The World Bank raised its forecast for global economic growth for 2018. However, experts warned that demographic factors, lack of investment, a slowdown in productivity growth and tightening monetary policy are limiting further economic recovery.
The recovery of manufacturing, investment and trade will contribute to a global economy growth of 3.1% this year, according to a World Bank Global Economic Outlook survey. In June, the bank forecast growth of 2.9% in 2018.
The Bank also increased its estimate of global GDP growth in 2017 from 2.7% to 3%.
The growth forecast for 2019 has been revised from 2.9% to 3%.
In 2020, the global economy is expected to grow by 2.9%.
The problem facing the world is that after several years of recovery from the financial crisis of 2008, most developed and developing countries closed the gap between actual and potential economic growth.
The World Bank has warned that accelerating global economic growth will be temporary if governments do not undertake structural reforms to increase long-term growth potential.
The growth of developed economies is expected to slow in the coming years as they approach full employment, and central banks raise rates to keep inflation in check. According to the bank, growth in developed countries will slow down from 2.3% last year to 2.2% this year and to 1.7% by 2020.
The Eurozone GDP growth estimate for 2017 was increased by 0.7 percentage points (pp) to 2.4%. The forecast for 2018 is increased by 0.6 pp to 2.1%.
In 2019, growth in the eurozone is expected to slow to 1.7%, and in 2020 to 1.5%.
According to the results of 2017, the estimate of US GDP growth was increased from 2.1% to 2.3%.
The growth forecast for 2018 has been revised from 2.2% to 2.5%. According to World Bank estimates, in 2019, US economic growth will slow to 2.2%, and in 2020 to 2%.
Japan's GDP in 2017 increased by 1.7%, rather than 1.5%, as expected in June, the bank said.
The forecast for 2018 has been revised from 1% to 1.3%, for 2019 – from 0.6% to 0.8%. In 2020, growth is projected to slow to 0.5%.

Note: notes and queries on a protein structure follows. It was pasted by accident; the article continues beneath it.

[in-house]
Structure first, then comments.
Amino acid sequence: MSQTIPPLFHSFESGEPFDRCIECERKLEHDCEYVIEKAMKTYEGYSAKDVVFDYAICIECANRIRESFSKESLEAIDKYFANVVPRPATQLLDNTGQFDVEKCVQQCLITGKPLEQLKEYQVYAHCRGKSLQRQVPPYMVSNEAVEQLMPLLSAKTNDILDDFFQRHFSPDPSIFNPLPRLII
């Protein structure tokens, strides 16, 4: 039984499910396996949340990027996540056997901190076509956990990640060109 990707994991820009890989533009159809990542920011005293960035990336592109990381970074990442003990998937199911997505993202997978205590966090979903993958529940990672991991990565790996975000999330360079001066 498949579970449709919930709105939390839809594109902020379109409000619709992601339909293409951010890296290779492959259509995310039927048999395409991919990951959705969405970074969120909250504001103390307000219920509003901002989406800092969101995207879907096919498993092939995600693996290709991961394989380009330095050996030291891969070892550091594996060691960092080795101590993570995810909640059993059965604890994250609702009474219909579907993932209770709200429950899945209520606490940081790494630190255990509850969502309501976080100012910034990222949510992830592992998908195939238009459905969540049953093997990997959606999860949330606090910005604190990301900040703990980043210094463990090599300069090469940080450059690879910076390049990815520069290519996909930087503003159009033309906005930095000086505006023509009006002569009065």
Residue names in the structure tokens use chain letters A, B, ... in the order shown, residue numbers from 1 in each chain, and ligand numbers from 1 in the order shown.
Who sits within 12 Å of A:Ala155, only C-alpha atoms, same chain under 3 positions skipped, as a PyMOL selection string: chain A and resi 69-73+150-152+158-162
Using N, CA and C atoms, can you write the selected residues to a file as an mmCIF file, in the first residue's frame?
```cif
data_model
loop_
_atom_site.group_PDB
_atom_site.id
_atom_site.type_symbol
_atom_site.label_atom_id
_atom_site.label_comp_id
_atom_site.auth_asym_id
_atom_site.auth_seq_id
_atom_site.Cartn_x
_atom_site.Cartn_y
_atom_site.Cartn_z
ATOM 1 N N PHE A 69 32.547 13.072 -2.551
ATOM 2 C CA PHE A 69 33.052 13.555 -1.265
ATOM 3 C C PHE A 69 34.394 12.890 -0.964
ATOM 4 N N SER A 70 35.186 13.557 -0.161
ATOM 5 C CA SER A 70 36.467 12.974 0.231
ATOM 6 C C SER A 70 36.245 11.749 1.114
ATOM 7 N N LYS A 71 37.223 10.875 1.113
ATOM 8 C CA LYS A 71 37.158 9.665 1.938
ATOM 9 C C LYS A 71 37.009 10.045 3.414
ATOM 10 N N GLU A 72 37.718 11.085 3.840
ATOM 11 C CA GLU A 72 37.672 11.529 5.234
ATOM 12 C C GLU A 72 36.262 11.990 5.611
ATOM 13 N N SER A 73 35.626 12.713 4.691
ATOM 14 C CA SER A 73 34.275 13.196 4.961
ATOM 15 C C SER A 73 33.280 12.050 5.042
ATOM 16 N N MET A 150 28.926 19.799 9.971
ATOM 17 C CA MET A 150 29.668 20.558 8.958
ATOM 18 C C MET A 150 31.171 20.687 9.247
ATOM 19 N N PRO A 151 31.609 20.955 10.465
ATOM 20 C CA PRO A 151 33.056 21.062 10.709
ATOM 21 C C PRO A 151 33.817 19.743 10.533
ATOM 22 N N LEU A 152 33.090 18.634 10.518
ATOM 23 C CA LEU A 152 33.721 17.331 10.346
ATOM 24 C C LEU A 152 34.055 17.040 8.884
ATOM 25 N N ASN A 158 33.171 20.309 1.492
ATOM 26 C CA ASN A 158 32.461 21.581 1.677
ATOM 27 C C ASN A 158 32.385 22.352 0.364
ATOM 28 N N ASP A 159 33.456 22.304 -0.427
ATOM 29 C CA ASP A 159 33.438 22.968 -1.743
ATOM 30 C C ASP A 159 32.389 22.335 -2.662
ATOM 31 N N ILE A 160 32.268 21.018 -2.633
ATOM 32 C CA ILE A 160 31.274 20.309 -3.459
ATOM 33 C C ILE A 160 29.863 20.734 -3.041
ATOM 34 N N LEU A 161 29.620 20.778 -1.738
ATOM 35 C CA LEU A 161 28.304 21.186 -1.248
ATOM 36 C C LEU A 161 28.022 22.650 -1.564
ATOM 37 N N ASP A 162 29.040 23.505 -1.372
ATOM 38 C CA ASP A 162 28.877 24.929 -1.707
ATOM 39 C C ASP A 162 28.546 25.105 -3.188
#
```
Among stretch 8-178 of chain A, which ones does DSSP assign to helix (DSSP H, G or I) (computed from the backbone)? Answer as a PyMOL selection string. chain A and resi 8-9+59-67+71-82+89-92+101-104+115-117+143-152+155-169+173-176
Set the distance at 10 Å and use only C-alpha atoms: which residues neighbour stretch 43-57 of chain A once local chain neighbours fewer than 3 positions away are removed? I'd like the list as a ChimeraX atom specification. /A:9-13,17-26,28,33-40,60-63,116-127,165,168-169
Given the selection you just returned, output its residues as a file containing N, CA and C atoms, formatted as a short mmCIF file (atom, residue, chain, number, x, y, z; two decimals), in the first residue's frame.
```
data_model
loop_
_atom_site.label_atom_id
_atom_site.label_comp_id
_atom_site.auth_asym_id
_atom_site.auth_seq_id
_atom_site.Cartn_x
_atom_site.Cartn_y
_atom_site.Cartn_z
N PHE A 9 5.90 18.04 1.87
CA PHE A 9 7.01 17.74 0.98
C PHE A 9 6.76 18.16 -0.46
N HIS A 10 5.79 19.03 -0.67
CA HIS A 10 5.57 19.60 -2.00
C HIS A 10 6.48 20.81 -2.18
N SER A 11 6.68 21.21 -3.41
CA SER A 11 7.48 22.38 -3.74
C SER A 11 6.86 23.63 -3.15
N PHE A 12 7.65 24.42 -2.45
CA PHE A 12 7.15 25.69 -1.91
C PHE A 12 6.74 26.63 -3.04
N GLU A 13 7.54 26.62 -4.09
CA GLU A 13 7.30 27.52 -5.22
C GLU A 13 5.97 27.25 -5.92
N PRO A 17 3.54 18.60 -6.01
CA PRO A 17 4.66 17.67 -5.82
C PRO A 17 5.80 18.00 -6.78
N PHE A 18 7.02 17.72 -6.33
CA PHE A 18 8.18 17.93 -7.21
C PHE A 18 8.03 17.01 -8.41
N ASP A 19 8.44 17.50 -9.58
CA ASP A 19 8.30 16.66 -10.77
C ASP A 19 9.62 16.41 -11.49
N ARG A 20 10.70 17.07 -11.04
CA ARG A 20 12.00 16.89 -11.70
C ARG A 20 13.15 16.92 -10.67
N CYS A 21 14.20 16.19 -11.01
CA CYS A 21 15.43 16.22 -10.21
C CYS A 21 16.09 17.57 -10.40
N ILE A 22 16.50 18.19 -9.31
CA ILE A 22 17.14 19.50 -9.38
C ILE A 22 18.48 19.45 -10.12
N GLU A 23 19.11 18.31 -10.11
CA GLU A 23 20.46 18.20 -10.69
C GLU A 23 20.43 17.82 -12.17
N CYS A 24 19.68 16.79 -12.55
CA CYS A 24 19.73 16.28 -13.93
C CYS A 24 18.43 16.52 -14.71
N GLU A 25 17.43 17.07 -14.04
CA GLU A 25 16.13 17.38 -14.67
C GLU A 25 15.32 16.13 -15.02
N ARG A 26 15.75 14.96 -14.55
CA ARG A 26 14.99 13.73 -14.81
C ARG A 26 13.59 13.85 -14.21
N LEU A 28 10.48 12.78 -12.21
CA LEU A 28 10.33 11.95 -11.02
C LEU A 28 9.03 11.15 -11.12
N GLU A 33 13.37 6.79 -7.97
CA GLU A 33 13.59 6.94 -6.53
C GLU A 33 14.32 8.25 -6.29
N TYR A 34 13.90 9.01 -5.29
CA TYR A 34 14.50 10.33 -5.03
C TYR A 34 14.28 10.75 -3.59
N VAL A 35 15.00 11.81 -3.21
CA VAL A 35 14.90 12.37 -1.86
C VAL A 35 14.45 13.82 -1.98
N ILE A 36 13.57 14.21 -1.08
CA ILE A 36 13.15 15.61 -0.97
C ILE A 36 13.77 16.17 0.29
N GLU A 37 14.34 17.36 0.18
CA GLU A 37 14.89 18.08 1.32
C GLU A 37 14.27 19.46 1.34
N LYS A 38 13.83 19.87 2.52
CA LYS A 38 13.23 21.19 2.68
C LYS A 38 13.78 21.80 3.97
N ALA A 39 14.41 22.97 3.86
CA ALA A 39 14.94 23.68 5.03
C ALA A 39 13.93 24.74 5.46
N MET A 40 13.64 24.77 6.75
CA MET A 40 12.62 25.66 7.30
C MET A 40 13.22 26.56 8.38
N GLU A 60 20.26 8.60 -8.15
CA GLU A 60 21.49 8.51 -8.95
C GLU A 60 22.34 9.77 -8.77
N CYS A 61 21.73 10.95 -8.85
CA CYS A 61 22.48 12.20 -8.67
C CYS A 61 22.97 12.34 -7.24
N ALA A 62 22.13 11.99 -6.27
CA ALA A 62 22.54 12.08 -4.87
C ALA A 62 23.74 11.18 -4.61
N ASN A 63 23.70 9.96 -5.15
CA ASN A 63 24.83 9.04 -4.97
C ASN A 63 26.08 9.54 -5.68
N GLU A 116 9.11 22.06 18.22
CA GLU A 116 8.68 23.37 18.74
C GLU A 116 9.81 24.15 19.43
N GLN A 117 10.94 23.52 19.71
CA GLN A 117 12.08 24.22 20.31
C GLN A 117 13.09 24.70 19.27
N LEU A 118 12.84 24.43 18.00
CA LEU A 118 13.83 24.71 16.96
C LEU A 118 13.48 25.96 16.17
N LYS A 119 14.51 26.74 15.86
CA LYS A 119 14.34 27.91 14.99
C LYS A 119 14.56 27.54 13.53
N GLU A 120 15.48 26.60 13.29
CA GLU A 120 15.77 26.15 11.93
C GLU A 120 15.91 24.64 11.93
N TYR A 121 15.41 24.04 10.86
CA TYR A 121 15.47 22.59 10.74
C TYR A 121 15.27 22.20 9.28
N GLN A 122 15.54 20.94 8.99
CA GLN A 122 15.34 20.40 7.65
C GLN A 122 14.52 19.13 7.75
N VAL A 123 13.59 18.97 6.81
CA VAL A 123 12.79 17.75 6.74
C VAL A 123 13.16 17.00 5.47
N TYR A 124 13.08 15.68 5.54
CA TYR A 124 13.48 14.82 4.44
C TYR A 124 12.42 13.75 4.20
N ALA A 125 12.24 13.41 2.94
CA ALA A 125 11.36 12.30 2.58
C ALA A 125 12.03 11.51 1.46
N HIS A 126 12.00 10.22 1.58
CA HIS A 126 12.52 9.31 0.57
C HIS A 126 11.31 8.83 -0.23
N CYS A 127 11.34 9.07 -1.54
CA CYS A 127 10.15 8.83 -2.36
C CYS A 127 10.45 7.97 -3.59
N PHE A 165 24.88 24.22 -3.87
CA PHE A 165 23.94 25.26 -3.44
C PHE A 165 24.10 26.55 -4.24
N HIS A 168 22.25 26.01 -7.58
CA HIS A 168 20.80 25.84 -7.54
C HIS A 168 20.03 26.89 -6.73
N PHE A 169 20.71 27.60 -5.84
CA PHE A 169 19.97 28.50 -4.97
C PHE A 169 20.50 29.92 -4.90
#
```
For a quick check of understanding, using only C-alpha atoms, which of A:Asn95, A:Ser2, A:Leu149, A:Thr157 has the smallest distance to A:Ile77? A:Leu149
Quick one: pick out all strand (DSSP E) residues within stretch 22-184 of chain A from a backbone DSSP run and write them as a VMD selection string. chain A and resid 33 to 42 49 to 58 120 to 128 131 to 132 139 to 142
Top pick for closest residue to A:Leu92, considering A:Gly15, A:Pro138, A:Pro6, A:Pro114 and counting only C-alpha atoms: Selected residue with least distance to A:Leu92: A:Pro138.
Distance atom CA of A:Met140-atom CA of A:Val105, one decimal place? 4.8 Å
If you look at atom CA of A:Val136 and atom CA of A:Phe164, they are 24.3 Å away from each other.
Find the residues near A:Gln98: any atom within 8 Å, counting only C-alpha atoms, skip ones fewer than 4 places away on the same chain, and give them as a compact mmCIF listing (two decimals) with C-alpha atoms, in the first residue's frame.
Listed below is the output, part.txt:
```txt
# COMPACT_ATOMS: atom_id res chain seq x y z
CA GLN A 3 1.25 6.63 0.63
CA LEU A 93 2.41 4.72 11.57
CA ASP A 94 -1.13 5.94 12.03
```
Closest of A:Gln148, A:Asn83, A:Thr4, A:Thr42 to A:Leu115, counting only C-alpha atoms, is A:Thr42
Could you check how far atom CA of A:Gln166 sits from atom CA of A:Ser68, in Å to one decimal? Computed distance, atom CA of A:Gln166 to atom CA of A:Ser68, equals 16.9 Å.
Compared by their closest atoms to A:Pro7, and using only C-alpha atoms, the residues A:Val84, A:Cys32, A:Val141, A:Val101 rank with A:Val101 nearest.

Emerging economies, which grew 4.3% last year, may also face growth restrictions in the long run.
India's GDP last year increased by 6.7% instead of the expected 7.2% in June.
The forecast for 2018 was reduced by 0.2 percentage points to 7.3%, for 2019 – also by 0.2 percentage points to 7.5%.
In 2020, India’s GDP growth rate is expected to remain at 7.5%.
China's GDP growth in 2017 is now estimated at 6.8%, 0.3 pp above the June estimate.
The forecast for this year is increased by 0.1 percentage points to 6.4%.
The World Bank expects Russia's GDP to grow by 1.7% in 2017 and 2018: forecast increased by 0.4 pp and 0.3 pp respectively.
Brazil's exit from the recession was faster than the World Bank had expected. The growth estimate in 2017 was increased by 0.7 pp to 1%. The forecast for 2018 is increased by 0.2 pp to 2%.
In many large emerging economies that have fueled global expansion for several years, potential growth has declined significantly over the past decade.
This trend is likely to continue over the next 10 years, the bank warned.
Bank economists have noted long-term demographic changes.
In countries like China, the labor force decreases as the population ages. This coincided with a slowdown in productivity growth.
In addition to concerns about the long-term growth of the global economy, the World Bank has pointed out risks in the short term.
Among these risks are a sudden increase in the low cost of borrowing as a result of a faster-than-expected increase in the rates of the US Federal Reserve and other central banks or because of increased concerns about growing capital markets.
Protectionism and the resulting slowdown in global trade growth are also among the risks.
According to the World Bank, the volume of world trade in goods and services last year increased by 4.3% and was an important factor in the growth of the global economy.